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England after the Norman Invasion

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After diving into the Norman invasion of 1066 and its aftermath, I could see that an explanation of the aftermath of the Norman invasion of England cannot be written in a book detailing every single fact that occurred during that period, due to the large number of events that took place during these years and their importance. So, after reading a lot of documents about the effects that England suffered after the Norman invasion, I decided to write about the areas of the years where I could see the most changes, for example, English society after the Norman invasion.

Historical Background

As a result of the death of Edward ‘the Confessor’, king of the Wessex dynasty, Harold Godwine, son of a count, had obtained a high status on court. Therefore, he proclaimed himself king. Nonetheless, William Duke of Normandy believed himself as the perfect candidate to the throne, and was furious since nobody had made the proposal of giving him the English crown despite the fact that Edward ‘the Confessor’ made the promise of relinquishing his throne to him, so William Duke of Normandy realized, as Bachrach claims, “that the only way to access to the throne was to cross the English Channel accompanied by his army and fight it for himself” (505).

A few days before, king Harald had been fighting against another claimant to the throne, the Duke of Norway. In spite of the victory of king Harald on the Norwegians, he was so weak that in the battle of Hasting in 1066, he was dethroned and killed by William the Duke of Normandy, who was proclaimed King of England. From then, William I, was known as William ‘the Conqueror’.

Society and the Norman Conquest

As we can read on ‘The Impact of the Norman Conquest of England’, “the Anglo-Saxon landowning elite was almost totally replaced by Normans” (Cartwright, 1). The invaders imposed a new way of social organization, called ‘feudalism’, this means that the society was organized around relationships between a landowner who gives a portion of his land to a vassal in return for a service or labor. Furthermore, at the beginning of eleventh century a new social elite, the aristocracy, rose up thanks to a series of circumstances that provided it with own dynamism. These circumstances granted the members of that new elite to innovate culturally, with the aim of reach new goals, such as to amend existing ideas or to reject others (Liddiard, 106).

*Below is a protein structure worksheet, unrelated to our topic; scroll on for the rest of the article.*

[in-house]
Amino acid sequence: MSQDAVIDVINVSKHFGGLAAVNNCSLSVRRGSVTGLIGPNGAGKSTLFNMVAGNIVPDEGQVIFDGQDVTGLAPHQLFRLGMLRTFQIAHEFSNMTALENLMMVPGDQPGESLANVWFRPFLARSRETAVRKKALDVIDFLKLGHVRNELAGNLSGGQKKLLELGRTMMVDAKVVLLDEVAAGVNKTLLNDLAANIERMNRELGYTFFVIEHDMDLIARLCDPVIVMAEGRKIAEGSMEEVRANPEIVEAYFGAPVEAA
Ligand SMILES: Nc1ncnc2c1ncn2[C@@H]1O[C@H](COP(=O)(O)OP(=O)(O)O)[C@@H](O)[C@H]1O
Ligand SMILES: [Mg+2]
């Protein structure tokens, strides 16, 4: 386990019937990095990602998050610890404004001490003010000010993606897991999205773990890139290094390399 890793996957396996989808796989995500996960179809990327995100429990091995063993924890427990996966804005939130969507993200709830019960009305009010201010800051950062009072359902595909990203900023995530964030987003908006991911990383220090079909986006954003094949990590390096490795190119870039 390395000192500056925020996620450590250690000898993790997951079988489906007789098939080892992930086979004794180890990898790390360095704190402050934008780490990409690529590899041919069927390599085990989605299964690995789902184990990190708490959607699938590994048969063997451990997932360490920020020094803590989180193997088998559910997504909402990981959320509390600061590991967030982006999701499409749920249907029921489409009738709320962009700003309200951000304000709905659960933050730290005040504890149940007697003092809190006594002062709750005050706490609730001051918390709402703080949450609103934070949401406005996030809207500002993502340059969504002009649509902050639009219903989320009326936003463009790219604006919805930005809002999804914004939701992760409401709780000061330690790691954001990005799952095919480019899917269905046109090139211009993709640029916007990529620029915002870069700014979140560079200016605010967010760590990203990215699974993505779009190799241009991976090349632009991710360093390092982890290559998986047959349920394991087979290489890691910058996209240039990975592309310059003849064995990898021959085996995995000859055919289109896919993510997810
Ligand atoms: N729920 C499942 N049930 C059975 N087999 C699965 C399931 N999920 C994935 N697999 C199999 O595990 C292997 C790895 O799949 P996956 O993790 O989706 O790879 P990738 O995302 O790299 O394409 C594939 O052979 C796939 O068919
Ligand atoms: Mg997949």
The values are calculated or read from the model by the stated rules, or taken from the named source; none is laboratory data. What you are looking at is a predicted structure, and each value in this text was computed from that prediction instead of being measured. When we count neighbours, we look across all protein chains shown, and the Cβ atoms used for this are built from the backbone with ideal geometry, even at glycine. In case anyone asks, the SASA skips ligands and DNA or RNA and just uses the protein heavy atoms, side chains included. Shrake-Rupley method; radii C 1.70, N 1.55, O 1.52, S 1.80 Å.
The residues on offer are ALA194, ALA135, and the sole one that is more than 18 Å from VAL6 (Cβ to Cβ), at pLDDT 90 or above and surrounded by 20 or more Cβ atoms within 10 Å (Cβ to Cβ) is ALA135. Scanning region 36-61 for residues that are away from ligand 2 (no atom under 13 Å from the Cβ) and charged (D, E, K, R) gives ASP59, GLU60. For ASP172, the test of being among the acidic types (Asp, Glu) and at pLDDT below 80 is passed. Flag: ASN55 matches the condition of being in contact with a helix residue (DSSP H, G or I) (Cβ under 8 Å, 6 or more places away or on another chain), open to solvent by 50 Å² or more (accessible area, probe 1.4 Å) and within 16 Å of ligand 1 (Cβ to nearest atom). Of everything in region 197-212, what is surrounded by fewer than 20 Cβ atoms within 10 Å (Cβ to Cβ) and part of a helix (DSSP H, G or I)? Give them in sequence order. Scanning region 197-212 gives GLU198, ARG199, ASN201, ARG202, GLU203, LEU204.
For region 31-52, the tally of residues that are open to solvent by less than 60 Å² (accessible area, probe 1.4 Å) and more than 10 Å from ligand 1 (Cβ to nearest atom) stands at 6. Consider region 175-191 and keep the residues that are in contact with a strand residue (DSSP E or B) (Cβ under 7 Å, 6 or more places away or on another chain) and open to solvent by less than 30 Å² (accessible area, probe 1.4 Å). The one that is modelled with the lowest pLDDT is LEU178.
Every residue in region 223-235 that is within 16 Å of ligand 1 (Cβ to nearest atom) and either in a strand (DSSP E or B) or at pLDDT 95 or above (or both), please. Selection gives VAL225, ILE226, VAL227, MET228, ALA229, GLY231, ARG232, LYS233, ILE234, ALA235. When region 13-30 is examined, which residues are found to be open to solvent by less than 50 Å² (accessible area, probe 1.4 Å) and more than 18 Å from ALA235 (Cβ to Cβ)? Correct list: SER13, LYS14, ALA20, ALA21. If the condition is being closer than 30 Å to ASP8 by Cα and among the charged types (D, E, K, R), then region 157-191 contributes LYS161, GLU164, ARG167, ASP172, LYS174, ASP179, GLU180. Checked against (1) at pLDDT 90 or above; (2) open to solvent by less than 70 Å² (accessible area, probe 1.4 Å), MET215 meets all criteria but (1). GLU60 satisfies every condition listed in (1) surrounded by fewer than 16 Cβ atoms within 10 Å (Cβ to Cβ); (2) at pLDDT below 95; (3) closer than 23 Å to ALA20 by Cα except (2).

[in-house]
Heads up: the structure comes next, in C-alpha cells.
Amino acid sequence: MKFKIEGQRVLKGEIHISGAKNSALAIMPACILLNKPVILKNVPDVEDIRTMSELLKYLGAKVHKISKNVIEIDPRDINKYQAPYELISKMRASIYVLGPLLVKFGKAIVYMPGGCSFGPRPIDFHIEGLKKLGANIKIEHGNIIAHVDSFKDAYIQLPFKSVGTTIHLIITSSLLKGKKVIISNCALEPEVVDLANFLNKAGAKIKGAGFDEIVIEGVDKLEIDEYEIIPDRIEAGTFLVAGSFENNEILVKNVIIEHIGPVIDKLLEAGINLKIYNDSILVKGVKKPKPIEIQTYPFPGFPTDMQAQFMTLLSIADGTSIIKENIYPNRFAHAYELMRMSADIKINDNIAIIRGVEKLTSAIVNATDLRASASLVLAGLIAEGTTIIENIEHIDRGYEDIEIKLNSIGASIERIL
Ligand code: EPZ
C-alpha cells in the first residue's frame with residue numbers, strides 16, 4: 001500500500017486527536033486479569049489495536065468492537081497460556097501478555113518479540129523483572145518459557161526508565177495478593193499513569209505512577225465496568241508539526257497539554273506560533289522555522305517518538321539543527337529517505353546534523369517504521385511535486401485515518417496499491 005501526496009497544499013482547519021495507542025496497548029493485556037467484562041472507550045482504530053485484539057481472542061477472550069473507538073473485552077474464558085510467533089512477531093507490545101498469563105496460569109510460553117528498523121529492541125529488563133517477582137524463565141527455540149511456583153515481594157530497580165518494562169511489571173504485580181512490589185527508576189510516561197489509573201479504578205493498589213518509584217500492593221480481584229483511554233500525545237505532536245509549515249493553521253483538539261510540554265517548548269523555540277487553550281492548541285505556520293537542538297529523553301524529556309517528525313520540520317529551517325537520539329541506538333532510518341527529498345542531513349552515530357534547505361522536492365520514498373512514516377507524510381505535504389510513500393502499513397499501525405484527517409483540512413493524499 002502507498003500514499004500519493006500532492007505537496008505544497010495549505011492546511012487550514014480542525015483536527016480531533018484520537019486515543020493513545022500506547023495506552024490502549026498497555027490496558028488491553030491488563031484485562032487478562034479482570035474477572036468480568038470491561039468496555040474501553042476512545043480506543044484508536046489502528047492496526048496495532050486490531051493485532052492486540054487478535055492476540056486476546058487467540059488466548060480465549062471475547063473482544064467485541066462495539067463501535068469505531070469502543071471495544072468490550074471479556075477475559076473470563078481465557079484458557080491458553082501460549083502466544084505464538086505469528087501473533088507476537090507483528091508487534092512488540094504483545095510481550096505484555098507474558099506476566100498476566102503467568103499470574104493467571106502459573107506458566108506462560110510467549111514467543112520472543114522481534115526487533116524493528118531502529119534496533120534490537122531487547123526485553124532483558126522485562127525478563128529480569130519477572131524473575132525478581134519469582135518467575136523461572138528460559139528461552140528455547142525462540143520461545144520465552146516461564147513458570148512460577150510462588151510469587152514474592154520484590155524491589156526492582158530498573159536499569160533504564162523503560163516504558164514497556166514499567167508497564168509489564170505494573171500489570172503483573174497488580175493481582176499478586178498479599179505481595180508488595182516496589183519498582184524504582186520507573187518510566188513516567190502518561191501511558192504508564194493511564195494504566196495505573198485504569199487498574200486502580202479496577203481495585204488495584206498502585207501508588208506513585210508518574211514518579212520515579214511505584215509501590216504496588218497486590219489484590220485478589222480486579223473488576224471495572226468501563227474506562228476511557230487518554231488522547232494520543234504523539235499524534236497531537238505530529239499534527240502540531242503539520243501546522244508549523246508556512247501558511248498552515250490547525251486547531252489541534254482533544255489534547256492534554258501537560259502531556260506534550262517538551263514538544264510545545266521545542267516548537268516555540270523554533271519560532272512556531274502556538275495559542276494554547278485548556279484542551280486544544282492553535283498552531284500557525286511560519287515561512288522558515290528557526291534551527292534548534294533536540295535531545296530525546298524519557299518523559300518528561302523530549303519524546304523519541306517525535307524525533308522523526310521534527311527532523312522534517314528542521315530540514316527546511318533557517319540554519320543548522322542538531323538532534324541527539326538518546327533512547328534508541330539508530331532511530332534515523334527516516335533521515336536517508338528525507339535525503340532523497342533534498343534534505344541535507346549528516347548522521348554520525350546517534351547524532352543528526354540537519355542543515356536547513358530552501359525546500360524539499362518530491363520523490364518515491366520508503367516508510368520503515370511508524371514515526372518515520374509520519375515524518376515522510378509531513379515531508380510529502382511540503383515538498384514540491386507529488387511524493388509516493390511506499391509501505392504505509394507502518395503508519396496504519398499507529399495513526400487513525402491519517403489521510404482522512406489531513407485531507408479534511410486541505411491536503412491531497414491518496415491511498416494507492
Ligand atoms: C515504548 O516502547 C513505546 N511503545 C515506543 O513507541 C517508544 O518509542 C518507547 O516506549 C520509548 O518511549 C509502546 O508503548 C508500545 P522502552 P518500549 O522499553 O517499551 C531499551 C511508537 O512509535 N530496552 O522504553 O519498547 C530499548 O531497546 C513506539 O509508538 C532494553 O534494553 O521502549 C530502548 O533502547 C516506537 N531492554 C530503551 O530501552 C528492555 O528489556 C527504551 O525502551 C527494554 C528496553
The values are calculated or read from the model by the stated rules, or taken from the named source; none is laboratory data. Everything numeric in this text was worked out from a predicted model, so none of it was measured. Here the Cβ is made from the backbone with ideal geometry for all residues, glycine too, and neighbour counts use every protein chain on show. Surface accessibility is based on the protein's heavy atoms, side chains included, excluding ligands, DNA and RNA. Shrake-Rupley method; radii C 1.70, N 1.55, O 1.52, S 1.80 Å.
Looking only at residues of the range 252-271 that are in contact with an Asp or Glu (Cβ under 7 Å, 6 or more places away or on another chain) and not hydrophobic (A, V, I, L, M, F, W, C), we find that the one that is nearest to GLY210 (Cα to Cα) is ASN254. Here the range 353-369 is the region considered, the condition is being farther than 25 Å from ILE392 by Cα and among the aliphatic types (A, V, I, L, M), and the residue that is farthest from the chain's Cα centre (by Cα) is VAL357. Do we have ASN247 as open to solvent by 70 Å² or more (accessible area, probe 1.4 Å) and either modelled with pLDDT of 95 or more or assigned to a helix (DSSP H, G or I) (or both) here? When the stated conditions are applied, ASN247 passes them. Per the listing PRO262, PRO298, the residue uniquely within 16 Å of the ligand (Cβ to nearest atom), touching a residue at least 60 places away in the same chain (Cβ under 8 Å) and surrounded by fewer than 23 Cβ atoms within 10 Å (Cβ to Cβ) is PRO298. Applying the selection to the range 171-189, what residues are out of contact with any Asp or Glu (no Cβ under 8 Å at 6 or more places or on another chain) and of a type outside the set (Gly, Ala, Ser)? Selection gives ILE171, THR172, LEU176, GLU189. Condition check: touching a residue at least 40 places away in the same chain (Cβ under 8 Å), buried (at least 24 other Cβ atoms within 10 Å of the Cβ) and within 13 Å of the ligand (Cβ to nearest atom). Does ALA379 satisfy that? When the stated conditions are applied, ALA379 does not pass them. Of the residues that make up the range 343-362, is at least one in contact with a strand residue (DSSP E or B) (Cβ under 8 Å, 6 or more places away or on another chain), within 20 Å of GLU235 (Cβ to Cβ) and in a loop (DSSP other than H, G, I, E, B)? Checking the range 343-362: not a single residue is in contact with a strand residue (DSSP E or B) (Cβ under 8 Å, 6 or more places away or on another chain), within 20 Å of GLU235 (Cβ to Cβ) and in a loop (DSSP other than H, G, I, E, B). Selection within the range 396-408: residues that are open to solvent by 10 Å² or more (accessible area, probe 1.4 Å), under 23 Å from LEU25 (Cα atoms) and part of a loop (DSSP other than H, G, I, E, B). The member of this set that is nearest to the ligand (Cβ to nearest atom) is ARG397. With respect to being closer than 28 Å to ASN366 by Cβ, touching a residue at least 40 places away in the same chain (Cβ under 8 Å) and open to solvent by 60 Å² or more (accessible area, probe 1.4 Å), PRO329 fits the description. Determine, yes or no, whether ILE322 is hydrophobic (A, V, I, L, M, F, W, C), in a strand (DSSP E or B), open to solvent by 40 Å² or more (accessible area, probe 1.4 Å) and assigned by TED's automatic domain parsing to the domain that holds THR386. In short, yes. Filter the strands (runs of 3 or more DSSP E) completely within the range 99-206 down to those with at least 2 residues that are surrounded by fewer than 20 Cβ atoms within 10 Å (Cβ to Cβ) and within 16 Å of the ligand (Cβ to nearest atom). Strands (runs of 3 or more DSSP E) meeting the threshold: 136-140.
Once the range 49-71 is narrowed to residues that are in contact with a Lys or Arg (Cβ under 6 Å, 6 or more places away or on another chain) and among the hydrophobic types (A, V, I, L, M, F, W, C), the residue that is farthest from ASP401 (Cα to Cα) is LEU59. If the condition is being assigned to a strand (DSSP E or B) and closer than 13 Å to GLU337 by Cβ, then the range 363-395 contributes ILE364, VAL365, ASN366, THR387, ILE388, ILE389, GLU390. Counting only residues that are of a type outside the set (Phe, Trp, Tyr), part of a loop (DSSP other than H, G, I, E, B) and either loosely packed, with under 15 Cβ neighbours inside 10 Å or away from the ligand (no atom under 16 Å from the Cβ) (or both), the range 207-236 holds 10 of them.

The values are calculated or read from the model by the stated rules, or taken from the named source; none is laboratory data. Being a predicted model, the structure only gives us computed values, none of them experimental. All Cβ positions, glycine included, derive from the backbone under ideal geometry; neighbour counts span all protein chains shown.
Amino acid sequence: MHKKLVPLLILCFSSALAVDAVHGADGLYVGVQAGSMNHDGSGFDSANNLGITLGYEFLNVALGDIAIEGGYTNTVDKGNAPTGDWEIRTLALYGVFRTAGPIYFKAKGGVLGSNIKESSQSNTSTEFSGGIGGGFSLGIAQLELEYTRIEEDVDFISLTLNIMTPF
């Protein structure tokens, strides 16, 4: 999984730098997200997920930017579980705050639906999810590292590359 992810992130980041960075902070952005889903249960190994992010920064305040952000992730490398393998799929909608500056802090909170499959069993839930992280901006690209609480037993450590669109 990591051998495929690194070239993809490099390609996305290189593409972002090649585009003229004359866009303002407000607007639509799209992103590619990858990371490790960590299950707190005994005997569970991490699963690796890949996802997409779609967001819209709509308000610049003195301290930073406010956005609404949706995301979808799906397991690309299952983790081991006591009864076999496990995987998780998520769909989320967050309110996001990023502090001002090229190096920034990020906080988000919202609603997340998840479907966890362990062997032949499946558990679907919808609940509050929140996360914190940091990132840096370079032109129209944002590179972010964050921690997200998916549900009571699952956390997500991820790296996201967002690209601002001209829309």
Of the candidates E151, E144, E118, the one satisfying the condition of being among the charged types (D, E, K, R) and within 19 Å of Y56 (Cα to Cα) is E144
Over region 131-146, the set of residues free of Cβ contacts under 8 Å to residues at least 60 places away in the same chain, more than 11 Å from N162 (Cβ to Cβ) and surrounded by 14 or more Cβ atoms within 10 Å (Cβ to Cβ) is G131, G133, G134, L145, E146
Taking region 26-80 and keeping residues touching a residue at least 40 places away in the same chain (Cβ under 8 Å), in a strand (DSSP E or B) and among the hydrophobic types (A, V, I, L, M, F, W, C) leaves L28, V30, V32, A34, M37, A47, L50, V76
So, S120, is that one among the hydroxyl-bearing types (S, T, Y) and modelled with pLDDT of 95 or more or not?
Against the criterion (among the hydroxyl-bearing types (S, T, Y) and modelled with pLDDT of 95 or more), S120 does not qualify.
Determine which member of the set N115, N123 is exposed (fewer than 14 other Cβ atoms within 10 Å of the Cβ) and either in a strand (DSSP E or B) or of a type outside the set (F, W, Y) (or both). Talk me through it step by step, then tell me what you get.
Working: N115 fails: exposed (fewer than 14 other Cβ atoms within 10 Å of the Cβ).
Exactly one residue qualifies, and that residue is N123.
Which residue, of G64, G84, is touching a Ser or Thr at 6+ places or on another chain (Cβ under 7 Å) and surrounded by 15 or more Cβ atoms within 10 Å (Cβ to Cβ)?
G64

According to the role that played the woman in 1066 English society, only a five per cent of land recorded was managed by women, furthermore, almost the 80-85% of that five per cent was managed by women of the families of important counts. Moreover, before 1066, women except from the queen were not present on the witness lists of the royal charters and either on its political relevance. Conversely, some Anglo-Norman documents such as in Musset’s edition of the acts of William the Conqueror and Mathilda for the abbeys of Caen “mentions women either as a signatories, grantors, consenting to grants or as involved in some way in the making of the grant” (Stafford, 226). Diving into this topic, after 1066, king Henry I claimed the succession for his daughter. He should be remembered as a king who tried to impose the right of daughters to be given lands.

Another important fact the following years of the Norman invasion was the significant growth of the population which was accompanied by offshoots of great importance to the relationships between a lord and the peasants (Liddiard, 106).

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Cultural Change

Before the Norman Conquest, England was endowed by a native culture influenced by European kingdoms such as Scandinavia and some parts of the British Isles. England was under a range of influences which was characterized by its extension and its possession of evident implications for cultural exchange. This cultural exchange was associated with the changes that the English society experimented, with the goal of make a distinction between the shifts in England after the 1066 and the ones connected with the European change.